a rough biscuit food formulated to scrape away plaque.
She absolutely loved it and she's still loving eating it.
We're still using it.
And the third group, a good old-fashioned toothbrush.
They actually like eating the toothbrush.
Did chew through a few of them.
So, after a six-week study,
which method has been the most effective at preventing plaque?
The dogs are back to see veterinary surgeon Ross
for their final assessment.
He applies a bright pink fluid to each dog's mouth
to reveal where plaque has built up.
Ross then gives every tooth a score.
Just at the very back, a one and a zero.
I'm totally blinded to which dogs are from which group in the study.
So what's exciting for me is that I truly don't know that answers.
I don't know what to expect.
The teeth scores have been analysed and the results are in.
Hello! Hi, how are you doing?
It's the moment of tooth...
When all your dog's teeth were cleaned originally,
if we had scored them, they would have got a plaque scoring of zero
because that means your dog's teeth were perfectly clean, OK?
So, when I give you these numbers,
the closest to zero is the most effective method, OK?
So, let's go.
Starting with dental chews.
You had an average plaque score of...
A little bit of plaque build-up, but pretty good, nonetheless.
You had an average plaque score of...
Close. It was really close, actually.
OK, moving on to tooth-brushing group.
You had the hardest job, probably.
And your dogs had an average plaque score of...
-Absolutely, well done.
Tooth-brushing itself has probably been the most difficult
to carry on with, but it has certainly been
the most beneficial by a long way.
Who now, after they've had their results,
is going to brush their dog's teeth every day?
I think that's a winner, definitely. Toothbrushes.
A round of applause for the tooth-brushing people.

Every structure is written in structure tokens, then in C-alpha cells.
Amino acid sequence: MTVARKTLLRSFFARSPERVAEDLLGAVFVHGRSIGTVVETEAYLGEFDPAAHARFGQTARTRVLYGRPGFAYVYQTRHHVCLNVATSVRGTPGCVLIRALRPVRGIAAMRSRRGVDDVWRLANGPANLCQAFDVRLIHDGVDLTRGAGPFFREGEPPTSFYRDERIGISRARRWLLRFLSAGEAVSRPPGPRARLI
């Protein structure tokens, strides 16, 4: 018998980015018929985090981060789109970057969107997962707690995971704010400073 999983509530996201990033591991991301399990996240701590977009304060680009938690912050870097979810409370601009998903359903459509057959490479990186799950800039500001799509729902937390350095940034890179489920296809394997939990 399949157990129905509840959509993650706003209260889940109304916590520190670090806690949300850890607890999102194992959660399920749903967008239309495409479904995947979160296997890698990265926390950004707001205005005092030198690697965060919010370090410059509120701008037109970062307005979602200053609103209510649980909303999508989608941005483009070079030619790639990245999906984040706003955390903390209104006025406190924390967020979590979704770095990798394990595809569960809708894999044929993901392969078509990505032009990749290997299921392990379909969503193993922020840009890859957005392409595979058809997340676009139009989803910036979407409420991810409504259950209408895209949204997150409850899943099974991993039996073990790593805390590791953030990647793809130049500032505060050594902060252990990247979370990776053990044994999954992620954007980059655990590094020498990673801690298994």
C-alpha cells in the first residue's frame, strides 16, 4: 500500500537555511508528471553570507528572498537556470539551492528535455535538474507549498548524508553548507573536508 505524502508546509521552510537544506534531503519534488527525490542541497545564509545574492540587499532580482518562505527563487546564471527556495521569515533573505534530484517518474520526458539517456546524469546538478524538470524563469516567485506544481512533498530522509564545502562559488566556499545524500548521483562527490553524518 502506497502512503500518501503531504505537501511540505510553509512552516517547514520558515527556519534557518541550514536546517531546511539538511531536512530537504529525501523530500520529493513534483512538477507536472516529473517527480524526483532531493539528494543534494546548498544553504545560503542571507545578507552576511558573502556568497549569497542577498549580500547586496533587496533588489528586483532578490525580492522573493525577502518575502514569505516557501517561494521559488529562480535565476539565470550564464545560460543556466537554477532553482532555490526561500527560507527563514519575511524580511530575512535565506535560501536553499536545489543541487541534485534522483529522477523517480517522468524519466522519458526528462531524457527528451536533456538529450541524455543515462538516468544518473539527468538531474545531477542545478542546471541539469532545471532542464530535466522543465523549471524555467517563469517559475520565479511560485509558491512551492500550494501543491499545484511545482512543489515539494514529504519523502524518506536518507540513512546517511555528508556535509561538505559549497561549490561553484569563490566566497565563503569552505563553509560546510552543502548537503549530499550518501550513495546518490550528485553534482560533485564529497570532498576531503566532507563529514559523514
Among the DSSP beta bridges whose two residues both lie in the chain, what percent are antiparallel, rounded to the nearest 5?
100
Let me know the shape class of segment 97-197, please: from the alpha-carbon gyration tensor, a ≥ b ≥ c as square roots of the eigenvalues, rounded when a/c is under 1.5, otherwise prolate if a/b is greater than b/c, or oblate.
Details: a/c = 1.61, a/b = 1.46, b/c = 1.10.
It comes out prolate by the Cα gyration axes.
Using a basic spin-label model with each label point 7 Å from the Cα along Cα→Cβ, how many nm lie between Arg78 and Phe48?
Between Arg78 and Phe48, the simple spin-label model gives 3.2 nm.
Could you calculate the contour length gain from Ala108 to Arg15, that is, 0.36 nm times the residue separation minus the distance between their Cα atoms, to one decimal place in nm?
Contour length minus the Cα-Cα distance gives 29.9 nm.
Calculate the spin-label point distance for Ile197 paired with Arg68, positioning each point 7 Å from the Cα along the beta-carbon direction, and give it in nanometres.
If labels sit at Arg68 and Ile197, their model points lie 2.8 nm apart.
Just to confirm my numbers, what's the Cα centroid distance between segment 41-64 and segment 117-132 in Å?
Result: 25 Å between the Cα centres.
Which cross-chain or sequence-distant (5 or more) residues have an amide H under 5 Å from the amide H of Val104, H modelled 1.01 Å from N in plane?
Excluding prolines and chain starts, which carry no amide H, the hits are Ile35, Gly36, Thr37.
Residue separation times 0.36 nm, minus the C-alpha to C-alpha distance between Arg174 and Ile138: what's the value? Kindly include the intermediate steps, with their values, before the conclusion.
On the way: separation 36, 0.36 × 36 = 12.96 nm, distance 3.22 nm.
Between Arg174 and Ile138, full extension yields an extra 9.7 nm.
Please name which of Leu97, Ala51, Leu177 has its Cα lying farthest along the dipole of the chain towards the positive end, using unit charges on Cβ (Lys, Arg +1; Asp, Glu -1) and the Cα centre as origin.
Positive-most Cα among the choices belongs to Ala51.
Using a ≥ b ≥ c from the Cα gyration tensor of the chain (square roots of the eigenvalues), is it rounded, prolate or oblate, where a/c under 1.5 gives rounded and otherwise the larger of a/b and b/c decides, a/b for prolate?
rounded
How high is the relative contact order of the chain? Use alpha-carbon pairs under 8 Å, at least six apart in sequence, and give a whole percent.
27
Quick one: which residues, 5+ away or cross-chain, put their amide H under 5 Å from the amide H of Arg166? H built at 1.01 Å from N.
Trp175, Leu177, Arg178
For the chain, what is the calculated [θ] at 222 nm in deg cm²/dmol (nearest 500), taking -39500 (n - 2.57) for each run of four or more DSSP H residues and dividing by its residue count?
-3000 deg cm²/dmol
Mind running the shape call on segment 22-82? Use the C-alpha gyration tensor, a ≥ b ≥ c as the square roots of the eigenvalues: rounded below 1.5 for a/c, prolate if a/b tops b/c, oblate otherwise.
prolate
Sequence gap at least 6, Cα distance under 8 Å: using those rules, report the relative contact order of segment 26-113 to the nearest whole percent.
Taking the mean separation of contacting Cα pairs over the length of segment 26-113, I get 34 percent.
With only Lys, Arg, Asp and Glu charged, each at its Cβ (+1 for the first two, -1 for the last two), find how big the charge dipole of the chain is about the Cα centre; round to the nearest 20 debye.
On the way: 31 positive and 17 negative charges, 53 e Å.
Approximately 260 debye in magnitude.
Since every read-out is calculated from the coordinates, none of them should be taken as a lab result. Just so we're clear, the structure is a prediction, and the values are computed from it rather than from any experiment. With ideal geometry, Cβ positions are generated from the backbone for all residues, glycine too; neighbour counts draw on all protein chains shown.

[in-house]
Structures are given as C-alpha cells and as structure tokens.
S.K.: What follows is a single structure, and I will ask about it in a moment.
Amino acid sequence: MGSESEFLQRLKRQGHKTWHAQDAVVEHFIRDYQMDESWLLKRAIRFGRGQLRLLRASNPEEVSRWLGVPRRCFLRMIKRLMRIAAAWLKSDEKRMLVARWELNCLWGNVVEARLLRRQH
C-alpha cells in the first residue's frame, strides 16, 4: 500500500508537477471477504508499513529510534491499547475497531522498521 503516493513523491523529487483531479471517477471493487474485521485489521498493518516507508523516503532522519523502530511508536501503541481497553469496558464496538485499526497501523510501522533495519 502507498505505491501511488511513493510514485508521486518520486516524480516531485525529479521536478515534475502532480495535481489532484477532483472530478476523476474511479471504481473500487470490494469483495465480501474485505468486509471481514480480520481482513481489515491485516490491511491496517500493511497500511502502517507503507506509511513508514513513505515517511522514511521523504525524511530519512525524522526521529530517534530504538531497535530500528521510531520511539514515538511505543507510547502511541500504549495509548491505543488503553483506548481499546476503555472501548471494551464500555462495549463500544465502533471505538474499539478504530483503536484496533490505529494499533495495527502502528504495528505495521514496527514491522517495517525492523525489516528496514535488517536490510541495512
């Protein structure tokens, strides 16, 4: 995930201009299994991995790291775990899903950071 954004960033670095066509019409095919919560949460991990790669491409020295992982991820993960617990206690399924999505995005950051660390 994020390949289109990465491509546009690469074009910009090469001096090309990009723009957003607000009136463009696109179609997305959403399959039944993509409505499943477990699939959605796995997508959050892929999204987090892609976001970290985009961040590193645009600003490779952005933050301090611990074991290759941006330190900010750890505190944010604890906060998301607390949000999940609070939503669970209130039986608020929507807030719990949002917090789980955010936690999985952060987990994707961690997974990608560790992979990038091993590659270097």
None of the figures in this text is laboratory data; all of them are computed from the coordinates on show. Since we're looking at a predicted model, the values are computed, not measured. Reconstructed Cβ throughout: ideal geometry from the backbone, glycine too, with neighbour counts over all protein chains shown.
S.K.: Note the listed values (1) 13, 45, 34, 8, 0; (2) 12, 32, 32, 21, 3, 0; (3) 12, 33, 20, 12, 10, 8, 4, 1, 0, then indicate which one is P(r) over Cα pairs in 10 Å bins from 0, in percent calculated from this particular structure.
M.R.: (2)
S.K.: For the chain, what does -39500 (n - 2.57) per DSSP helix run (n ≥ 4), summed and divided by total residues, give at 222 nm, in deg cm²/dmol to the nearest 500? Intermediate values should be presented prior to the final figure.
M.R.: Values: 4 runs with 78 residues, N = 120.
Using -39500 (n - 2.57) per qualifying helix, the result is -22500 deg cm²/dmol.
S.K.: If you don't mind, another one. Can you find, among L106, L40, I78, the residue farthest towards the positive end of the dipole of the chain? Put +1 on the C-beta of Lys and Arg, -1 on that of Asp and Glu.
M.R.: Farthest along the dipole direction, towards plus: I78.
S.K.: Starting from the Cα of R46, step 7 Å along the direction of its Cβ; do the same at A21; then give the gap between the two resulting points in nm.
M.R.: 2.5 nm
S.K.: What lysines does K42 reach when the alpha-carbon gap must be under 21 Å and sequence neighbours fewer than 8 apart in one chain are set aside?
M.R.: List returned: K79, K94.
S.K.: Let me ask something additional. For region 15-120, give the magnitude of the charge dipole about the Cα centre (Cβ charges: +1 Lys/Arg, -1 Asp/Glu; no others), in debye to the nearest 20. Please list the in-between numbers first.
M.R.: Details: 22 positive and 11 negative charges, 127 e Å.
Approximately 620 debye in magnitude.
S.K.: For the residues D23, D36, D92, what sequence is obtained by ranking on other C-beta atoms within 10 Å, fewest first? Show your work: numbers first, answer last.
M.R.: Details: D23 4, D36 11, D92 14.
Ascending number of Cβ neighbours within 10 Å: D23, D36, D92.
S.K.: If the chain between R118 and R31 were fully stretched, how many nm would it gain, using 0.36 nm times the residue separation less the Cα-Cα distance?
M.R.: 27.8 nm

For our small-scale study,
we chose brands of dental chews and dental kibble
that had been clinically proven to improve dental hygiene.
Our results show
there wasn't a great deal of difference between them.
But our test found that tooth-brushing,
was significantly better at keeping your pet's teeth clean.
But the reason it's so much better is less obvious.
So, Norman, why is tooth-brushing the most effective?
Well, it's the only method that effectively brushes the plaque
from above and below the gum line and between the teeth.
So things like kibble, things like chews, for example,
will perhaps effectively scrub the crown of the tooth,
but they won't go under the gum line.
And we had dogs in our experiment.
Could this be the same for cats, maybe?
They could be a little bit more of a challenge to brush,
but it's not impossible.
There are cat toothbrushes made.
Many cats will tolerate it. Some cats won't.
But the interesting thing about it is that the kibble diet for cats
has a much higher level of evidence-based medicine
that it works better.
Here you go. Don't forget that.
Good luck. See you later. There you go.
So, to avoid the serious health problems
that come with bad teeth and gums,
brushing your dog's teeth is clearly the way to go.
It may take more commitment than the other methods,
but seeing the experiment results, I'm convinced that it's worth it.
That's it from the Royal Veterinary College.
Next time, we're at Liverpool University Veterinary School
where we're running a unique experiment
to find the best way for your pet to lose weight.
What is really good for our pets' health? They can't tell us, but science can. In this series, Steve Leonard leads a team of vets to seek out the latest research.
In this episode, they investigate which foods are best for your pet, show you what you can do to save an injured animal and witness a pioneering operation that could save thousands of cats across the country.